Why is Bundling a Browser Extension So Hard?
Have you ever tried to make a browser extension? Despite sharing the same technologies as the rest of the web, it seems to me that extension developers are a rare breed - and the amount of tooling that exists in the web extension space seems to reflect this.
It’s obviously possible to split your code into multiple files even without the benefit of modules, but it’s messy. It requires adding properties to the
window so you can access your stuff, and while global namespace pollution isn’t a huge concern in content scripts thanks to something Firefox calls “X-ray vision,” it does require you to keep track of the order your various scripts are loaded to ensure you don’t try to use one of your files before it’s loaded. This gets especially tricky if your project includes circular dependencies, and if you use external libraries, you’re stuck either pulling them into your project manually or writing your own scripts to automate the process. There doesn’t seem to be any generic solution for this.
So recently I’ve been looking for a build platform that might help me solve these problems. Tools like Rollup and Webpack have no problem converting from module-based source files to more widely-compatible formats, and most even support dead code elimination through static analysis of your imported modules. Great! But of course, it’s not as easy as that.
Browser extensions can have multiple content scripts, a background script, and additional worker scripts. The browser is responsible for executing all these scripts at the appropriate times in the appropriate contexts, and all these individual entry points are defined in your extension’s
manifest.json file. However, because some of those scripts will end up sharing dependencies (you may have a utility module that contains functions used by a both content script and a background script, for example), it’s inefficient to just package each entry point as its own monolithic blob. That would mean every entry point would contain duplicate copies of the shared code.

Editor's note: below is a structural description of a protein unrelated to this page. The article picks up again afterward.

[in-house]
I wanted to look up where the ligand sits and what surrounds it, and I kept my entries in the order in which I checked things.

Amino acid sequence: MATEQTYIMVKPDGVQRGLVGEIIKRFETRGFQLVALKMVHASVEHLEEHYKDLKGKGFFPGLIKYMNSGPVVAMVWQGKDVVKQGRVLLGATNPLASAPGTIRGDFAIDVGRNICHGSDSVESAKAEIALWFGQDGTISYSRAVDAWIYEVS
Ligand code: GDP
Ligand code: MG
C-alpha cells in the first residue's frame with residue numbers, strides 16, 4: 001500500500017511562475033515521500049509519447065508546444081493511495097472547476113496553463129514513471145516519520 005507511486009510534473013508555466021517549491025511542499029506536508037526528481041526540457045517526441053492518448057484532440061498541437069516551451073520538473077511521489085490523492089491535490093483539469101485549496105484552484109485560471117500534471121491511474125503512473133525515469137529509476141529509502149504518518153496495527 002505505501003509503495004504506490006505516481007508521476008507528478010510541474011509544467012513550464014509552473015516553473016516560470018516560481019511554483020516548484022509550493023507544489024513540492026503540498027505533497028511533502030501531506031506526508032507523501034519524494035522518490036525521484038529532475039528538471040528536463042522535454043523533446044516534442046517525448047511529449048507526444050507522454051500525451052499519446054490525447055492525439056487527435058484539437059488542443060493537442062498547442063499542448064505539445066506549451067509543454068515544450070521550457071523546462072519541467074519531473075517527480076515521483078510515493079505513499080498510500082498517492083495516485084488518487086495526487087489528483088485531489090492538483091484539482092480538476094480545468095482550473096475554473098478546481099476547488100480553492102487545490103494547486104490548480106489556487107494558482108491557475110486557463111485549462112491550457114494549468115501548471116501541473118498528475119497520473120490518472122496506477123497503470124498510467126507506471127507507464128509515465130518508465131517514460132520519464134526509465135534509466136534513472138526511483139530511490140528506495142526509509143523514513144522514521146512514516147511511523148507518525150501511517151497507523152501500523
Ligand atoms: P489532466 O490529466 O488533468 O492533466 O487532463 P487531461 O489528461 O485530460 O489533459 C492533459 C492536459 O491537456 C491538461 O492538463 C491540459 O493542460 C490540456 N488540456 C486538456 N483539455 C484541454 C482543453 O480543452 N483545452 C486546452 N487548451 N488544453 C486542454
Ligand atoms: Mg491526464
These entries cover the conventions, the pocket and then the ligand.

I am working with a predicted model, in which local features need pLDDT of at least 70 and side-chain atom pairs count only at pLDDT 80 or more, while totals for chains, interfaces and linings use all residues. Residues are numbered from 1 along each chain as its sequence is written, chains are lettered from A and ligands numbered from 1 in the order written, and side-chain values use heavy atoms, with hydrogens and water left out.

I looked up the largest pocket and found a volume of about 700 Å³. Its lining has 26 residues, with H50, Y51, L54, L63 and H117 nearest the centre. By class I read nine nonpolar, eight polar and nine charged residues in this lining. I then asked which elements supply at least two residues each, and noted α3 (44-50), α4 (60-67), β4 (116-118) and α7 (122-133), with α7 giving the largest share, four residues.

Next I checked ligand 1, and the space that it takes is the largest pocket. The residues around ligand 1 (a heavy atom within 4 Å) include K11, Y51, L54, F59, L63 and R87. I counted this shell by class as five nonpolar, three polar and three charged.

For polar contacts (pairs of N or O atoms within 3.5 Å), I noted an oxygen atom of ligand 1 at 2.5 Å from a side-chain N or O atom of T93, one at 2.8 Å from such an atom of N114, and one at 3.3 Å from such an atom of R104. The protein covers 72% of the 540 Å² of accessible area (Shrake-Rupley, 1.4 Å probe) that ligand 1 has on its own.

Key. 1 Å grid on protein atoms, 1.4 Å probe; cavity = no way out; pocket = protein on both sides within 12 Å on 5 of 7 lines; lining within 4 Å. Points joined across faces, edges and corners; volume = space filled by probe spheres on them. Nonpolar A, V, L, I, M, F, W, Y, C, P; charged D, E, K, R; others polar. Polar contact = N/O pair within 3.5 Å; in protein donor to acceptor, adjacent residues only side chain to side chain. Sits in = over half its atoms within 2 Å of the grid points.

This isn’t a problem unique to browser extensions, and bundlers have come up with a solution: code splitting. This is when the bundler takes in multiple entry points, analyzes them for shared dependencies, and creates bundles for them that are dynamically imported at runtime by each entry point bundle. For example, if you have an entry point
a that depends on
c, and another entry point
d that relies on
e, bundling would give you just three bundles: one that contains
b, one that contains
e, and one that contains the shared dependency
This approach is brilliant for web applications, because it allows you to lower the number of requests needed to load your app, but that was never the issue we were trying to solve for browser extensions. A browser extension doesn’t care much about how many script files it loads, because every request is just a hit to the local disk, rather than an actual internet request. We only care about getting code that doesn’t use unsupported ES6 features, and that doesn’t duplicate shared parts of our code. And if a bundler is generating bundles that rely on each other… surprise, they’re doing it by emitting dynamic
import() expressions as part of the entry bundles (or by combining web requests and and
eval, which isn’t allowed in content scripts either). So that solution is out.
The core of the issue is this: Whereas most bundlers try to emulate the
export relationship between modules, breaking an extension script into multiple files involves adding multiple files to
manifest.json. Extension scripts can have dependencies, but they’re not listed as part of the entry point in anything like an
import statement; instead, dependencies of that file have to be loaded beforehand by placing them earlier in the manifest’s list of files to load. This also means that dependencies can only expose things to entry points by setting global variables, and the entry point needs to be written with prior knowledge of what those variables will be. So for a bundler to really work for extensions, it needs to be able to convert the dependency tree of its source files into a flat, ordered list of files to load, where imports and exports are converted to namespaced values on the global object.
The issue here, I think, is that bundlers just aren’t familiar with what I’m looking for. They’re built to cater to an audience that’s building web applications, not browser extensions. They have all the capabilities I’d need, really—they can convert modules to IIFE-based scripts that write their exports to
window properties, and they can do static analysis to facilitate lightweight code sharing, there’s just not a solution I’ve found that can put it all together yet.
I’ve started working on a project that should hopefully do everything I need it to, but it’s messy - it’s going to be built on Rollup, but it’s going to require a custom plugin that creates additional Rollup processes to perform all the transformations necessary. Hopefully I can get it usable, even if it feels like complete overkill for what seems like it should be a simple problem to tackle.
In any case, go thank the dev of your favorite browser extension. I don’t envy folks like the uBlock Origin maintainers who have resorted to a bunch of shell scripts for every platform they build for.